Can allergies protect against COVID 19?

Various risk factors have been identified which lead to the development of severe infection by COVID 19. A new study suggests that risk factors for developing COVID 19 infection are different from the risk factors for developing severe infection.


A study conducted in the UK, published in Thorax , has revealed that the factors responsible for the development of severe infection due to COVID are not the same as those for the development of the infection.


People of Asian or Asian-British ethnic races and those having high BMI were said to have a higher risk of developing COVID-19. Allergic conditions like asthma, eczema, hay fever were associated with a lower risk for developing COVID-19.


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How was the study done?


A population-based study was conducted, with 15,227 participants, who were monitored from May 2020 to February 2021. All participants were required to answer a questionnaire regarding symptoms of COVID-19 and any COVID tests they had taken. Information about potential risk factors was collected, including:

  • sociodemographic factors

  • occupation

  • lifestyle

  • weight

  • height

  • use of other medications

  • vaccination status

  • diet and supplements

  • long-term comorbidities

Monthly follow-up questionnaires were used to track the health of the participants involved.


What did it reveal?


During the duration of the study, 446 cases of COVID-19 were seen, indicating about 3% of the participants.


Factors linked to an increased probability of developing COVID-19:

  • overcrowded household

  • visit indoor public places

  • a recent visit to other households

  • frontline occupations (health and social care)

  • Asian or Asian-British descent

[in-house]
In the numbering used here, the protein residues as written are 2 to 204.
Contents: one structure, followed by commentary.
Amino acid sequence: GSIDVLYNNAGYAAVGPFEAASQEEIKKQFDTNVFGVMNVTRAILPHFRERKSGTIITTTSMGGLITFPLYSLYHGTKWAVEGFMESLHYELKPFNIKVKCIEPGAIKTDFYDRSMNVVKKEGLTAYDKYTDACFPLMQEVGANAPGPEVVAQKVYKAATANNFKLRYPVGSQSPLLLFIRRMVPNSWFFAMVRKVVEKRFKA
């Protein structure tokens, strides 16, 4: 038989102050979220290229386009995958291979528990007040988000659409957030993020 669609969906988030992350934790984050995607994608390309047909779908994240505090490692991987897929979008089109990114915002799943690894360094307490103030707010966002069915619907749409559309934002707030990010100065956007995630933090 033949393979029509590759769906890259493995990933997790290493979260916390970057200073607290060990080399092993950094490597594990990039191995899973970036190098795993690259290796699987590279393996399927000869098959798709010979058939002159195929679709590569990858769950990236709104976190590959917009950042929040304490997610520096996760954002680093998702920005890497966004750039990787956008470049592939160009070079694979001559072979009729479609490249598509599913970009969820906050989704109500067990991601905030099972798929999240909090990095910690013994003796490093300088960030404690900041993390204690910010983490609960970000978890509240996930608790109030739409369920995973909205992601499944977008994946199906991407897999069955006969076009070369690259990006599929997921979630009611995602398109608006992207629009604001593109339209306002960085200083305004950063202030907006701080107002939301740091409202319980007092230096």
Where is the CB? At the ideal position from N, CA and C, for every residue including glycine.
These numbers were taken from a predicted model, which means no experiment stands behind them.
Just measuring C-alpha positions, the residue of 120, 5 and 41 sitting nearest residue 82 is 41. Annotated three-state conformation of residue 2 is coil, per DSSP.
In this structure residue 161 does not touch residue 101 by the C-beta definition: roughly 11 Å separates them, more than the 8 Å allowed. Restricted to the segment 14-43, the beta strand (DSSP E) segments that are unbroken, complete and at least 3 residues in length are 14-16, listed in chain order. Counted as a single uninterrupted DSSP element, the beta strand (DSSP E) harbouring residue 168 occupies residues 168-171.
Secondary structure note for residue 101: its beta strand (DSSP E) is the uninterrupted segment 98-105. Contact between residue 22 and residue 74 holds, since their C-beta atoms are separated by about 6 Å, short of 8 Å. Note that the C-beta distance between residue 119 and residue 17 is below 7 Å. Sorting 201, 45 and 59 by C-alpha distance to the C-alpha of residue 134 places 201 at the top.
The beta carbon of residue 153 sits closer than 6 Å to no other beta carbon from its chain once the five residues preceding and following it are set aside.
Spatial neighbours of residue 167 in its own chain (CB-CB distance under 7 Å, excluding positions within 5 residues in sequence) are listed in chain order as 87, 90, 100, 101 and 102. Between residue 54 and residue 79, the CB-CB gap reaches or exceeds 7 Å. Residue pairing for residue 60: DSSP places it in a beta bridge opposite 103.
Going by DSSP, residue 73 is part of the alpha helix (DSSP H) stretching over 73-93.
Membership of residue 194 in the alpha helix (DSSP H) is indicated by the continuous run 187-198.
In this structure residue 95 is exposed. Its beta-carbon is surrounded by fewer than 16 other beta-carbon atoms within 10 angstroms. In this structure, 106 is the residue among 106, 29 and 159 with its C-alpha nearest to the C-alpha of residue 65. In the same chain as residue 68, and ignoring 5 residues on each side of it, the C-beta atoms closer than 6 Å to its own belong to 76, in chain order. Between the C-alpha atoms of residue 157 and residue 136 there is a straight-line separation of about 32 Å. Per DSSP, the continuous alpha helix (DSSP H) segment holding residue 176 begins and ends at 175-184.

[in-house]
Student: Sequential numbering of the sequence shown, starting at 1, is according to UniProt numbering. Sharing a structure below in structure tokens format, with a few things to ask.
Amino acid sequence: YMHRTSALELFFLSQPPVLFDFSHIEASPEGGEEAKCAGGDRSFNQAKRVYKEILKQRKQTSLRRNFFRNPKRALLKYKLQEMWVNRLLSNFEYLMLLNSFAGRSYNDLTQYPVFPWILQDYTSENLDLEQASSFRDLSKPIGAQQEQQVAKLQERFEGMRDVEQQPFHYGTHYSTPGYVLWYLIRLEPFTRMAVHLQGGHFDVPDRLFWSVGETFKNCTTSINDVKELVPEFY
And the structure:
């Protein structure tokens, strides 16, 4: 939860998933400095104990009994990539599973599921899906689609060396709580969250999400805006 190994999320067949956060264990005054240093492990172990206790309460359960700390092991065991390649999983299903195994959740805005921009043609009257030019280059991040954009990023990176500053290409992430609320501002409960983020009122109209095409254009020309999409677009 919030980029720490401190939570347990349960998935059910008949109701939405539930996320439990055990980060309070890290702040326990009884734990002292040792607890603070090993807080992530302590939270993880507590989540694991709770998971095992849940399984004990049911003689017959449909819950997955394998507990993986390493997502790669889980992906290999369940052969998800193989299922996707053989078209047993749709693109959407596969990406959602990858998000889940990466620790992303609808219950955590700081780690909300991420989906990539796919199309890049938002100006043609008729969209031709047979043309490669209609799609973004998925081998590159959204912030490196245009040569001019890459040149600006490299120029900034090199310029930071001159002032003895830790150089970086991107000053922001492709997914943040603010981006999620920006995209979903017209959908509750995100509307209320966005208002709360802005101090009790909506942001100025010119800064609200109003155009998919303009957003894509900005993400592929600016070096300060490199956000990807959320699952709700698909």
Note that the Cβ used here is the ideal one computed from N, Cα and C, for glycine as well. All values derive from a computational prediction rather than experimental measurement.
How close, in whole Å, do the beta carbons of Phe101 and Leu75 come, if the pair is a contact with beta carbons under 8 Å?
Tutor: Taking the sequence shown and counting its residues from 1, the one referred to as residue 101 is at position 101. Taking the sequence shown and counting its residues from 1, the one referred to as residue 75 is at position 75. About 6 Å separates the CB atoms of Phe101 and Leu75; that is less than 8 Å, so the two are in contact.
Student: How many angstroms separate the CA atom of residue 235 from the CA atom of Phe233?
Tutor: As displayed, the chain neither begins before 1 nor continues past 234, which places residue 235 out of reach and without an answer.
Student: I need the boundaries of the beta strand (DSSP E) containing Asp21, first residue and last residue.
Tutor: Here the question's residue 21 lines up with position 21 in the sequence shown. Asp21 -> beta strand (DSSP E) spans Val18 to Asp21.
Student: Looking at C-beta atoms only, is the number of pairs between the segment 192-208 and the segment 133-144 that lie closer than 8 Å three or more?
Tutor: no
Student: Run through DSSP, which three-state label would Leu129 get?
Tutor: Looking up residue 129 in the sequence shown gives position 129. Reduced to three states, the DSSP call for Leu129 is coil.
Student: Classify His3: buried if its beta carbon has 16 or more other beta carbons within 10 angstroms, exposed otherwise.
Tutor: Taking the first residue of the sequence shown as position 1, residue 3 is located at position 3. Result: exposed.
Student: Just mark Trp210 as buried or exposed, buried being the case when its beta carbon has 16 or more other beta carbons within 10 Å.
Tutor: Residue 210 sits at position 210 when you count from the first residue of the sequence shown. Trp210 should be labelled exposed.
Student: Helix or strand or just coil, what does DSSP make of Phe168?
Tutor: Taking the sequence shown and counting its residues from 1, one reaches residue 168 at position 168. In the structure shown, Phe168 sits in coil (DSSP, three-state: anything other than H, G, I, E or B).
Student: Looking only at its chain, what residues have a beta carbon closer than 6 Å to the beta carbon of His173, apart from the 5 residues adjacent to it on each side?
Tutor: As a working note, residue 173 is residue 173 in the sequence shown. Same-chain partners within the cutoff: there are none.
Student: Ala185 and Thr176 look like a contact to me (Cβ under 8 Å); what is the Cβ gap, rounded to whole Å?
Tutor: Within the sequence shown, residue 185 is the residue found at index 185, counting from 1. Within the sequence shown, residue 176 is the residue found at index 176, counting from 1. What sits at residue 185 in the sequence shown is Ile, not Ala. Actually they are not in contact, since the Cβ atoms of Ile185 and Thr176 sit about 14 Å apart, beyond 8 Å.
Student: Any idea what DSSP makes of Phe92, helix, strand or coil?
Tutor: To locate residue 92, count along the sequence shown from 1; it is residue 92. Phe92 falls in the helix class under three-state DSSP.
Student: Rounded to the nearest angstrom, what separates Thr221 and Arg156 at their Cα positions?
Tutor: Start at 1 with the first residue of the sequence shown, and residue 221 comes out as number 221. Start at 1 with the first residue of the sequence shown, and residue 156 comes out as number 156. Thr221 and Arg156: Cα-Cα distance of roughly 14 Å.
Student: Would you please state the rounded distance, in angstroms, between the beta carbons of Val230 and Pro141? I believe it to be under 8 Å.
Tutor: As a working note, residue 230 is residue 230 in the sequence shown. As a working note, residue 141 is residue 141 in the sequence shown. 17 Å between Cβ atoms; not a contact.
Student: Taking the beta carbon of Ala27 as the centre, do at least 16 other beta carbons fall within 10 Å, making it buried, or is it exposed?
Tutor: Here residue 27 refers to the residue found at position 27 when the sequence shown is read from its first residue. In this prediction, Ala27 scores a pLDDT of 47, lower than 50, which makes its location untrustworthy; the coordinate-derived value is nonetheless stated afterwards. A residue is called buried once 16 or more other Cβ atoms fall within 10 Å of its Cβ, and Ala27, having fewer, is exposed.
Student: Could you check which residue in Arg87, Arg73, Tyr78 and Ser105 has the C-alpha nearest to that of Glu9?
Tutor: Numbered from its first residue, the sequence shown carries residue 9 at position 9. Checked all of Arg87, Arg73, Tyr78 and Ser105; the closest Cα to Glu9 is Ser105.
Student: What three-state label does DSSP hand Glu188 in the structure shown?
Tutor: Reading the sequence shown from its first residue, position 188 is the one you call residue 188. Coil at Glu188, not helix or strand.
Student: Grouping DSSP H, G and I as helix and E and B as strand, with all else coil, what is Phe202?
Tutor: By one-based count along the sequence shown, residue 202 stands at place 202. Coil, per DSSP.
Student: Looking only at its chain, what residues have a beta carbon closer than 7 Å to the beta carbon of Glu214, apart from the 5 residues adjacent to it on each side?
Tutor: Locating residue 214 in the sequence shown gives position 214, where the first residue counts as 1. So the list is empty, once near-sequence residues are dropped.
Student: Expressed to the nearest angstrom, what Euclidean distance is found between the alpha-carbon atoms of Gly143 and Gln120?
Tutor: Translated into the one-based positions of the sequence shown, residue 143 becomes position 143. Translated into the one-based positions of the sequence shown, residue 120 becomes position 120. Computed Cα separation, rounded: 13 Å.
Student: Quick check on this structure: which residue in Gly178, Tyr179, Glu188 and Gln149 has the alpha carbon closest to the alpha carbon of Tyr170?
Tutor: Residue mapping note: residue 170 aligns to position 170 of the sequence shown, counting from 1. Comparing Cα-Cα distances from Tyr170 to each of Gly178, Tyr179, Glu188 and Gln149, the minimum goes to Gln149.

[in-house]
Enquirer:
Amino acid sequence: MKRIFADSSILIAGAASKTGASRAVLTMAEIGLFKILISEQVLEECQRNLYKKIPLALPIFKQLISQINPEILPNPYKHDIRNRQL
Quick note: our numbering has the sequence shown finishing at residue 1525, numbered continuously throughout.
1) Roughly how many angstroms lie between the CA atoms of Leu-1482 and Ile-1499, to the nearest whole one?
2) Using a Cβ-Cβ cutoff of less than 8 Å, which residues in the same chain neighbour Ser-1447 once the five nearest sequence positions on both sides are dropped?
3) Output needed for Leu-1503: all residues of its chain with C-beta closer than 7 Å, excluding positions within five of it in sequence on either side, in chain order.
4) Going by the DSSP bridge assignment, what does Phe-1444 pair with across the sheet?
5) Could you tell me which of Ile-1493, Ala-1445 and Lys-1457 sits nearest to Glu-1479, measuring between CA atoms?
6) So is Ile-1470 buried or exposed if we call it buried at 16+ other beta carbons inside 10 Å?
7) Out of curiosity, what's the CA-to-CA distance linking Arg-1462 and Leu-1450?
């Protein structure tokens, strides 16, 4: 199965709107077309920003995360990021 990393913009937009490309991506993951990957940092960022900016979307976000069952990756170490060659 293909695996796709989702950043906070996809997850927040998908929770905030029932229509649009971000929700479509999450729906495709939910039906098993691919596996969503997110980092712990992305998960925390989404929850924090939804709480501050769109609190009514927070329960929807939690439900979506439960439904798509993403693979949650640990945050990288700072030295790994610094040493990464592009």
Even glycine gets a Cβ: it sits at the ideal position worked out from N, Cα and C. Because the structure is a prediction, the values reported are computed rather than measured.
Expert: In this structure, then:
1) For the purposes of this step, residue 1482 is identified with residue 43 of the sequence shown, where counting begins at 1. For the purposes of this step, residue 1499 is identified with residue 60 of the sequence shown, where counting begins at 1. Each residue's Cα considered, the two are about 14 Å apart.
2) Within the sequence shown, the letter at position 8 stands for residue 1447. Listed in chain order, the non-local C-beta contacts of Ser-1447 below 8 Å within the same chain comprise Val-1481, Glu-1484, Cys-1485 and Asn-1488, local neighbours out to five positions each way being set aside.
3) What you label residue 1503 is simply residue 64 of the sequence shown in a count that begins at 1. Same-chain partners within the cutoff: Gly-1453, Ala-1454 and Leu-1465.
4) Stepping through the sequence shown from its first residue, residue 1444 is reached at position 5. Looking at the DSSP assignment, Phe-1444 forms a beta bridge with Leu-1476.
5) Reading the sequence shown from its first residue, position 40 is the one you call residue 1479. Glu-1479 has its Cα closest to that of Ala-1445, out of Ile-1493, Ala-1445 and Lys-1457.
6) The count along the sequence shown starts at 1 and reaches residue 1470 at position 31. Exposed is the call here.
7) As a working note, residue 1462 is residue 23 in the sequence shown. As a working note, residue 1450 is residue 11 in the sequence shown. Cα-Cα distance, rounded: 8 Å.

• high Basal Metabolic Index

The first four factors stand for increased exposure to the virus, hence high BMI and Asian or Asian-British descent are significant risk factors for developing the disease.


Atopic diseases were linked to the decreased tendency of developing severe infection due to COVID. (Atopic refers to allergic diseases.)


Prof. Adrian Martineau, lead researcher and professor of respiratory infection and immunity said he was surprised by the results: "We did not anticipate that people with allergies and allergic asthma would have a lower risk of developing COVID-19 - in fact, there was a concern early in the pandemic that people with airway diseases would be at heightened risk."

"Our finding of reduced COVID-19 risk in this group may reflect lower levels of expression of ACE-2 in people with the allergic disease - since ACE-2 is the receptor for SARS-CoV-2." -Prof. Adrian Martineau.


"We saw that increased risk of COVID-19 in people of Asian ethnic origin was not explained by any socioeconomic, occupational, or comorbid factors investigated. This is an important finding, [and it] underlines the need for further research to understand reasons for ethnic differences in susceptibility to COVID-19."
 

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